In my previous post, I explained how one of the most widely used customer segmentation models – the RFM analysis – can be performed. Today I want to continue with customer analysis topic and guide you through the process of applying machine learning to customer segmentation.

## K-means algorithm

K-means is an unsupervised machine learning algorithm, which is used for data clustering. The k-means algorithm defines k number of cluster centroids and then assigns each data point to the nearest cluster while trying to keep the clusters small.

## Assumptions and data preprocessing needed for k-means clustering

To obtain reliable results, data needs to satisfy a few assumptions. It cannot contain outliers which influence the k-means algorithm. Moreover, data should be unskewed and have the same mean and variance for every feature.

Let’s take a look at our data and check if it satisfies k-means clustering requirements.

We can observe that recency distribution is skewed. Moreover, features have different means and variances. So first, we need to unskew data by implementing the log transformation on the recency column. Then, we standardize data, so all features have mean equals zero and the standard deviation equals one.

As you can see on the plots below, after transformations all the features are unskewed and have the same mean and variance. Distribution of data after applying log transform to recency column and standardizing all data. Dashed lines represent mean values

Now, we will identify the outliers using a box plot and the interquartile range score. The box plot gives us information about data distribution and presence of outliers based on five-number summary:

• “minimum” – the lowest data value excluding outliers (shown as the end of the left whisker)
• the first quartile (Q1) – 25th percentile (shown as the left side of the box)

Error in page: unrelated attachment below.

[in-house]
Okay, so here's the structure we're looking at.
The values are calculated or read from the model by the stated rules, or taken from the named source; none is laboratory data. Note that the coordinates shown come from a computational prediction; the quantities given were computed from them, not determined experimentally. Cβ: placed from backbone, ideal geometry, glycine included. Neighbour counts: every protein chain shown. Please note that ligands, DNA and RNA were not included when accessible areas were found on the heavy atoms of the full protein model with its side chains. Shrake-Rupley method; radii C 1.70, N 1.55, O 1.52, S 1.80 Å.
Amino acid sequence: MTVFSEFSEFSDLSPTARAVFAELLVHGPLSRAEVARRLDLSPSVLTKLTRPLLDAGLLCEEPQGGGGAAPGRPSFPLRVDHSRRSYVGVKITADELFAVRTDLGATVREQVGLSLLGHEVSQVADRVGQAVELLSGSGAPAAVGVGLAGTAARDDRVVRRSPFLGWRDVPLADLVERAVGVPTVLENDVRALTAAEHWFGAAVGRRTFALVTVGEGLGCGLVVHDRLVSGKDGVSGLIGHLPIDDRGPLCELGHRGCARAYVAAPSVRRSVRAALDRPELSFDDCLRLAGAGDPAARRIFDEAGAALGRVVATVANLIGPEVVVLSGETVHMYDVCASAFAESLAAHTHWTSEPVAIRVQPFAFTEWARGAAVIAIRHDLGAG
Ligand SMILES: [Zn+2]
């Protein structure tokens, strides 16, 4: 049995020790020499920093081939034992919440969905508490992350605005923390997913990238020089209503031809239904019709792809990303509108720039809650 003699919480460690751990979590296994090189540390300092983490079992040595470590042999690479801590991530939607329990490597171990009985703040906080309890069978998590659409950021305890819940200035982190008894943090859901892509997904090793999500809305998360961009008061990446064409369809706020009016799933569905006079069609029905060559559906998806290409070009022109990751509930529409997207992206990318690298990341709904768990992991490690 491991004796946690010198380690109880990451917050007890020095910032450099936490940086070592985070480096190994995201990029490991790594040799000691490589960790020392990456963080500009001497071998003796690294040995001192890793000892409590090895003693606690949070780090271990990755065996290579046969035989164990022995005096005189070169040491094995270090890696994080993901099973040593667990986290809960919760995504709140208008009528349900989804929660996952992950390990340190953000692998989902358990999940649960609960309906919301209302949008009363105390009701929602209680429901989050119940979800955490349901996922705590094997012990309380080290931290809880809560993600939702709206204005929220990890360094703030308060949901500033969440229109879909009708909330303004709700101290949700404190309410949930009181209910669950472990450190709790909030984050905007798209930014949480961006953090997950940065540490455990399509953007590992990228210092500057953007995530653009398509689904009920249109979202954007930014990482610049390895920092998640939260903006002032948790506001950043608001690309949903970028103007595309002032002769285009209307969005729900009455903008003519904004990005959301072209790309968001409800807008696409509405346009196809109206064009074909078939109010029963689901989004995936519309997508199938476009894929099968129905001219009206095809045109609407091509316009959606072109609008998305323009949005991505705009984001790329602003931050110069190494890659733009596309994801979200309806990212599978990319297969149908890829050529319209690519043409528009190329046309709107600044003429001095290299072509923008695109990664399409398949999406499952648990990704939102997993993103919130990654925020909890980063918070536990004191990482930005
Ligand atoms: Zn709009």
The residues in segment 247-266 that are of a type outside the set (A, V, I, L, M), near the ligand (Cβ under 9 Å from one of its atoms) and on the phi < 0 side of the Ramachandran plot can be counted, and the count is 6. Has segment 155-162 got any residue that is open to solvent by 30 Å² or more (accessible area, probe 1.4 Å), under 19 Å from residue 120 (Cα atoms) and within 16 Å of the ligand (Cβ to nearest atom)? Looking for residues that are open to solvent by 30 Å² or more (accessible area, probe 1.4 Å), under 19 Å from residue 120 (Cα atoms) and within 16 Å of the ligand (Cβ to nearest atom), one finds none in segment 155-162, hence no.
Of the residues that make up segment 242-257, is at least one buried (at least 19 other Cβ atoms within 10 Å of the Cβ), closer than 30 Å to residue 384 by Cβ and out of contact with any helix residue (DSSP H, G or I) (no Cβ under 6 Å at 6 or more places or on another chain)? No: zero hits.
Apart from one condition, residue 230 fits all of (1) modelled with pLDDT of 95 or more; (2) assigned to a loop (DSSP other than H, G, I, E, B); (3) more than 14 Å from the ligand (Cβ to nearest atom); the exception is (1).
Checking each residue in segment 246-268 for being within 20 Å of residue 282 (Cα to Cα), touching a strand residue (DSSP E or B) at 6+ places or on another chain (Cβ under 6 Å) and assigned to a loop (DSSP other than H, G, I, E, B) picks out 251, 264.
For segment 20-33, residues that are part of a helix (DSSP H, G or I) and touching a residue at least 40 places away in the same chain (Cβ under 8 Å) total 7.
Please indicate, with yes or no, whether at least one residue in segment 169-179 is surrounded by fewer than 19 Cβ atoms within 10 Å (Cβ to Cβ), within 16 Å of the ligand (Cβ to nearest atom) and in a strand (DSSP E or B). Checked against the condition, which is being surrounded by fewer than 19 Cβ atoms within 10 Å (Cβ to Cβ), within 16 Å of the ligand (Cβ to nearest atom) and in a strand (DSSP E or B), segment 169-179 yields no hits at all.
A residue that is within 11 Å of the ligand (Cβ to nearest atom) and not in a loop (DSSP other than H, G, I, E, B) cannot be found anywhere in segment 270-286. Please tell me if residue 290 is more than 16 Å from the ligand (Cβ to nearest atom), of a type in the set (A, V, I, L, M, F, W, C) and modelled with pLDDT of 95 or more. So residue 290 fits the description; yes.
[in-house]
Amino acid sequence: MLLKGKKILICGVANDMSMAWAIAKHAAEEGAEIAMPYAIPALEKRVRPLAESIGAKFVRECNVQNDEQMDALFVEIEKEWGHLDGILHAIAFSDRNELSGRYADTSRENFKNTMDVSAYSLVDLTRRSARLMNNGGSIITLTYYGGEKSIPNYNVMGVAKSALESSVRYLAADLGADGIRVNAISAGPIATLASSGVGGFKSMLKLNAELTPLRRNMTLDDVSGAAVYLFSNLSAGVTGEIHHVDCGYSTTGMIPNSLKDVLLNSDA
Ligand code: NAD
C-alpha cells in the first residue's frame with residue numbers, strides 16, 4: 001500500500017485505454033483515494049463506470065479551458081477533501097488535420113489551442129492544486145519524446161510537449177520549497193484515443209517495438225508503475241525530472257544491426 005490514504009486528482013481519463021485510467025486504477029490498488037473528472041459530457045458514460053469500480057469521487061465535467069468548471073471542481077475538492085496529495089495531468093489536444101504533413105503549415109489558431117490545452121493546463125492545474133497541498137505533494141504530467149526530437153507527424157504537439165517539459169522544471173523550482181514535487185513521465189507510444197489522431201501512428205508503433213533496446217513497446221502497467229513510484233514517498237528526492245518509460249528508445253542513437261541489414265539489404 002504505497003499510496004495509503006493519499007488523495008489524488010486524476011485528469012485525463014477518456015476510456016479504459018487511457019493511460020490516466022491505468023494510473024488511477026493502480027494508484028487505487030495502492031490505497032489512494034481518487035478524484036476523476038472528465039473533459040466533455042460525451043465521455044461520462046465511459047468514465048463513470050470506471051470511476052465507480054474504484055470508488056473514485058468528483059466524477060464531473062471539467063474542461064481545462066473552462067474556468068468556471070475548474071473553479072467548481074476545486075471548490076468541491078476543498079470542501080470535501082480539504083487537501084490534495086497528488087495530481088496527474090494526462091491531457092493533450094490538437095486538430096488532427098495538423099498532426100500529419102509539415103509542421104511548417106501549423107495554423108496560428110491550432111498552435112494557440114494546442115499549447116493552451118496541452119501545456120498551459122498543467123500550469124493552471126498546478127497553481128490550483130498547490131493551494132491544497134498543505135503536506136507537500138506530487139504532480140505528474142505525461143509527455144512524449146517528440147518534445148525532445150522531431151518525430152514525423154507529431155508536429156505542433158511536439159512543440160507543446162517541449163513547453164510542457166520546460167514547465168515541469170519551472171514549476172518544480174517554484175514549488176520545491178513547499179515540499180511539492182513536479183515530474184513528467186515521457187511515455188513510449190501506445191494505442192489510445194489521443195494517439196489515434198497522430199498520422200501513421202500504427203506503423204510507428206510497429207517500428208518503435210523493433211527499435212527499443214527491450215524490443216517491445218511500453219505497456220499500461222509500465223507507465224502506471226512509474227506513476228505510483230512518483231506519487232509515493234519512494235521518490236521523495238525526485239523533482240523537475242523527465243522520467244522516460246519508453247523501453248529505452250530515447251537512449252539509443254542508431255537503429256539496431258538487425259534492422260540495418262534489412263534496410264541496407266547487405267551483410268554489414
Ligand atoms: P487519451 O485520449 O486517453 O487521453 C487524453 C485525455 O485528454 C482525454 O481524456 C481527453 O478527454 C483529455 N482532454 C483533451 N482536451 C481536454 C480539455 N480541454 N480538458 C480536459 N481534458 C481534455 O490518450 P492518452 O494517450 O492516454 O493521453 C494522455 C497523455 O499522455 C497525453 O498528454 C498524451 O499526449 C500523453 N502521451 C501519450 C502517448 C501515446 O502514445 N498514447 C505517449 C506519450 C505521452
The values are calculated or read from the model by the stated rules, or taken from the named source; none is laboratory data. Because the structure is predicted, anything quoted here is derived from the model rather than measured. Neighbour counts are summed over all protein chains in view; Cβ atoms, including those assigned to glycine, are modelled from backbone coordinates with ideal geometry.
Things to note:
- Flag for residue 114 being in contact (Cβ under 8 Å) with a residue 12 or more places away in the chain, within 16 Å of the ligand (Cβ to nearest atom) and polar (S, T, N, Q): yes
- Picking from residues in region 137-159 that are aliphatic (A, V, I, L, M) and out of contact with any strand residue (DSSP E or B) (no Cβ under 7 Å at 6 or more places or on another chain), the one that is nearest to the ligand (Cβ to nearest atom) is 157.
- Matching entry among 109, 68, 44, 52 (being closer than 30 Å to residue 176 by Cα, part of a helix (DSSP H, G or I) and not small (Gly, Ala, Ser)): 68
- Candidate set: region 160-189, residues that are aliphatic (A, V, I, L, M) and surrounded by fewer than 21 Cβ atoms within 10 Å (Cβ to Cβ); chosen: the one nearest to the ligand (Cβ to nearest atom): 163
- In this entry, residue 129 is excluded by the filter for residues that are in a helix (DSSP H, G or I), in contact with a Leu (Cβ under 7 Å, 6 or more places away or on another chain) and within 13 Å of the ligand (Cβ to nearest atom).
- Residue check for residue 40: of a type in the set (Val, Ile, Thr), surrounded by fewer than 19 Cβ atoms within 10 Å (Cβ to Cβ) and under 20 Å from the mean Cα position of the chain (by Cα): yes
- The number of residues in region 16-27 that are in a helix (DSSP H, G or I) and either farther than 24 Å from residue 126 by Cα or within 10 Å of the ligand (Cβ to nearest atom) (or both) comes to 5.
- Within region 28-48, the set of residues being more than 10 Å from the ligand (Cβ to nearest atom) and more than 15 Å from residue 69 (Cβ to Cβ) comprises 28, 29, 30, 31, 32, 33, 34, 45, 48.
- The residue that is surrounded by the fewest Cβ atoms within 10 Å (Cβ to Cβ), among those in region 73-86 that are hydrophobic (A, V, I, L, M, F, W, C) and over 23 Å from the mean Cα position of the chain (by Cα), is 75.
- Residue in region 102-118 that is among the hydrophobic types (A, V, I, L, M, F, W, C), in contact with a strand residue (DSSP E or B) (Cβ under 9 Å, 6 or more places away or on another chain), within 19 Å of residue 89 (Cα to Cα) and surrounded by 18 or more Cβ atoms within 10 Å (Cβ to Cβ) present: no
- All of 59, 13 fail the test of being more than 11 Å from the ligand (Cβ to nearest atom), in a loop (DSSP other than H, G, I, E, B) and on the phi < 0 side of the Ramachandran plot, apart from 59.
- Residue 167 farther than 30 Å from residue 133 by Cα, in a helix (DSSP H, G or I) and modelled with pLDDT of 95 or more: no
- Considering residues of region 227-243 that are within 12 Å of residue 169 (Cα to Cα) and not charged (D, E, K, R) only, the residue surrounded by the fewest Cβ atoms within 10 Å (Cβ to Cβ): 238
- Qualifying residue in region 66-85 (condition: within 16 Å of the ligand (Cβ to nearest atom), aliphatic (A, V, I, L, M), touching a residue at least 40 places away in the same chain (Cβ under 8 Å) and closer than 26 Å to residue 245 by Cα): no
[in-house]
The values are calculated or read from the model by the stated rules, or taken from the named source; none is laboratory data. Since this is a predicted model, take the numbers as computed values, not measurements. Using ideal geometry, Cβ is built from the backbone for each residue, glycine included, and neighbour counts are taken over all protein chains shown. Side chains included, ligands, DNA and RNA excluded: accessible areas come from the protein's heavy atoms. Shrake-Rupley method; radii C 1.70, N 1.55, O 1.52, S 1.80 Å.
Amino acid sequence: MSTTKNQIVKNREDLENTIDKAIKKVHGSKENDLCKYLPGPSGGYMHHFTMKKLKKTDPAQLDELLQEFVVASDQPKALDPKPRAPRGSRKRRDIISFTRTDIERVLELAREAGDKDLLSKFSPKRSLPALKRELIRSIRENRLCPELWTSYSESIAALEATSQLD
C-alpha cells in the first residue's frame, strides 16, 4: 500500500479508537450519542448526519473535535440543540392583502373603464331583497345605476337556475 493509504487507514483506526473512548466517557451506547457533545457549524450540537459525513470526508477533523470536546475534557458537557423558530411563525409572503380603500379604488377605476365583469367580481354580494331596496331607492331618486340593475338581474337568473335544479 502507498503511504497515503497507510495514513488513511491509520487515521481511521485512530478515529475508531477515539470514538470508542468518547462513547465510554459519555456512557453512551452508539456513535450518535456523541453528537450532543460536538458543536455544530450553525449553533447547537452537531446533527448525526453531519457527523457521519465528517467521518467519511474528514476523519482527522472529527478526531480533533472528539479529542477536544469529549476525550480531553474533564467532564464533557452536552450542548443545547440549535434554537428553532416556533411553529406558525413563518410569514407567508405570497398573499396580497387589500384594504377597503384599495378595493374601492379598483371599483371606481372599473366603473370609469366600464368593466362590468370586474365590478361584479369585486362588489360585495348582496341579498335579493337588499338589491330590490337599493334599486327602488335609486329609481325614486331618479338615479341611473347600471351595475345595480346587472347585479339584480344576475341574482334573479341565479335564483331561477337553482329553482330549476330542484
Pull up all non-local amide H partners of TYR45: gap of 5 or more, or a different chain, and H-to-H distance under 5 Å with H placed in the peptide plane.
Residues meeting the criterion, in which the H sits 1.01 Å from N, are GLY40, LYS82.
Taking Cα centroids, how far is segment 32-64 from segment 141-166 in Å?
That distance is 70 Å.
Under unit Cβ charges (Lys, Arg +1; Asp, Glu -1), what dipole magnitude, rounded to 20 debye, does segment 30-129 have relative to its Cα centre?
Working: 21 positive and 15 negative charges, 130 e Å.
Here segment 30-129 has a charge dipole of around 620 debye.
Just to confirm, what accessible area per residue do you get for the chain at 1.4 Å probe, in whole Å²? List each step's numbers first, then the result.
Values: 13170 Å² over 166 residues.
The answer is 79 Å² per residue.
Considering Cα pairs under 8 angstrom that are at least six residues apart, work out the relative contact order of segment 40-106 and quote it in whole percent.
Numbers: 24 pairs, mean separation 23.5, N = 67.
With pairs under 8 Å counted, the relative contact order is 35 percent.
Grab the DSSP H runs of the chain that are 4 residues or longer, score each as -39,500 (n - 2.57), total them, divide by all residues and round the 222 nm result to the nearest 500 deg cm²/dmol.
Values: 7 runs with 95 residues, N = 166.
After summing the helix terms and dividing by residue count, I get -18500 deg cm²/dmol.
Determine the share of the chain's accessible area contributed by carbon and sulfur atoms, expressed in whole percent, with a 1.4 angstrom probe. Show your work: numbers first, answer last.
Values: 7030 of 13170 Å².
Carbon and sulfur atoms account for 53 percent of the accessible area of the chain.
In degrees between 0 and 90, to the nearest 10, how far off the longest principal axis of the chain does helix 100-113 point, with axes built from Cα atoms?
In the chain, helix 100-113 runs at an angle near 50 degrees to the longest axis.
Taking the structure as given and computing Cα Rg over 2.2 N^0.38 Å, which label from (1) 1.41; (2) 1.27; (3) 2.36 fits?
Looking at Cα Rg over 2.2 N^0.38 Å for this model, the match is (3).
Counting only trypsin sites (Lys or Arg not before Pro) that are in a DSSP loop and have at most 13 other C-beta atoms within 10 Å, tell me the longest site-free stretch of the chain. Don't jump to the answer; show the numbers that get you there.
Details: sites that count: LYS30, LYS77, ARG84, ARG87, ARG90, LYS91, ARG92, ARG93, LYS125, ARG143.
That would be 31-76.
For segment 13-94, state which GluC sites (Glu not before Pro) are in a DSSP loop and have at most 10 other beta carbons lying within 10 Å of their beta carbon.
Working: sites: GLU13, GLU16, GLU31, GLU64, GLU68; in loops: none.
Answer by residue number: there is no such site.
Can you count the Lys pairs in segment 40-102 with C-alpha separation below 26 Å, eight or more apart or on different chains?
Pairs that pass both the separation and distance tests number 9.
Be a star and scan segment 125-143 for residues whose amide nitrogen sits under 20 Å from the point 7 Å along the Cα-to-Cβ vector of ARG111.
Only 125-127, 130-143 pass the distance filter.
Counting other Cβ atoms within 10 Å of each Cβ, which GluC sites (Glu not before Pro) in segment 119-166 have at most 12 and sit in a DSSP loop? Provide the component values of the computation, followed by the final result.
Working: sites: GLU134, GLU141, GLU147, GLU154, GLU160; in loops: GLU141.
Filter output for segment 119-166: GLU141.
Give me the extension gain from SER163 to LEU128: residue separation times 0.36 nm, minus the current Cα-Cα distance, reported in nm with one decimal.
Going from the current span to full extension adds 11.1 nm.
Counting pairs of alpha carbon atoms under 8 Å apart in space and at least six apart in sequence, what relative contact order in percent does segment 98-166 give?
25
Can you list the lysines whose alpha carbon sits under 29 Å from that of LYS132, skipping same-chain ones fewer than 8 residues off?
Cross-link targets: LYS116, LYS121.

• median (shown as the line inside the box)
• the third quartile (Q3) – 75th percentile (shown as the right side of the box)
• “maximum” – the highest data value excluding outliers (shown as the end of the right whisker)

“Minimum” and “maximum” values are defined in the following way. First, the interquartile range is calculated:

IQR = Q3 – Q1

Next, “minimum” and “maximum” are computed using the below equations:

“minimum” = Q1 – 1.5IQR

“maximum = Q3 + 1.5IQR

Any data point below “minimum” or above “maximum” is considered to be an outlier.

Looking at the box plots for our data, we can observe that each feature contains some outliers, which should be removed. After this operation, our data fulfils all requirements and we can move to k-means clustering.

## Applying k-means clustering

We start by finding the optimal number of clusters for the k-means algorithm. We will use the elbow method.

First, we need to perform k-means clustering for a range of values for k. Then for each value of k, the average score for all clusters is calculated. As the scoring metric, we used inertia, which is the sum of the distances from each data point to its assigned cluster centroid. Next, we plot inertia versus k and looked for the ‘elbow’ point (the point at which decrease starts to slow down).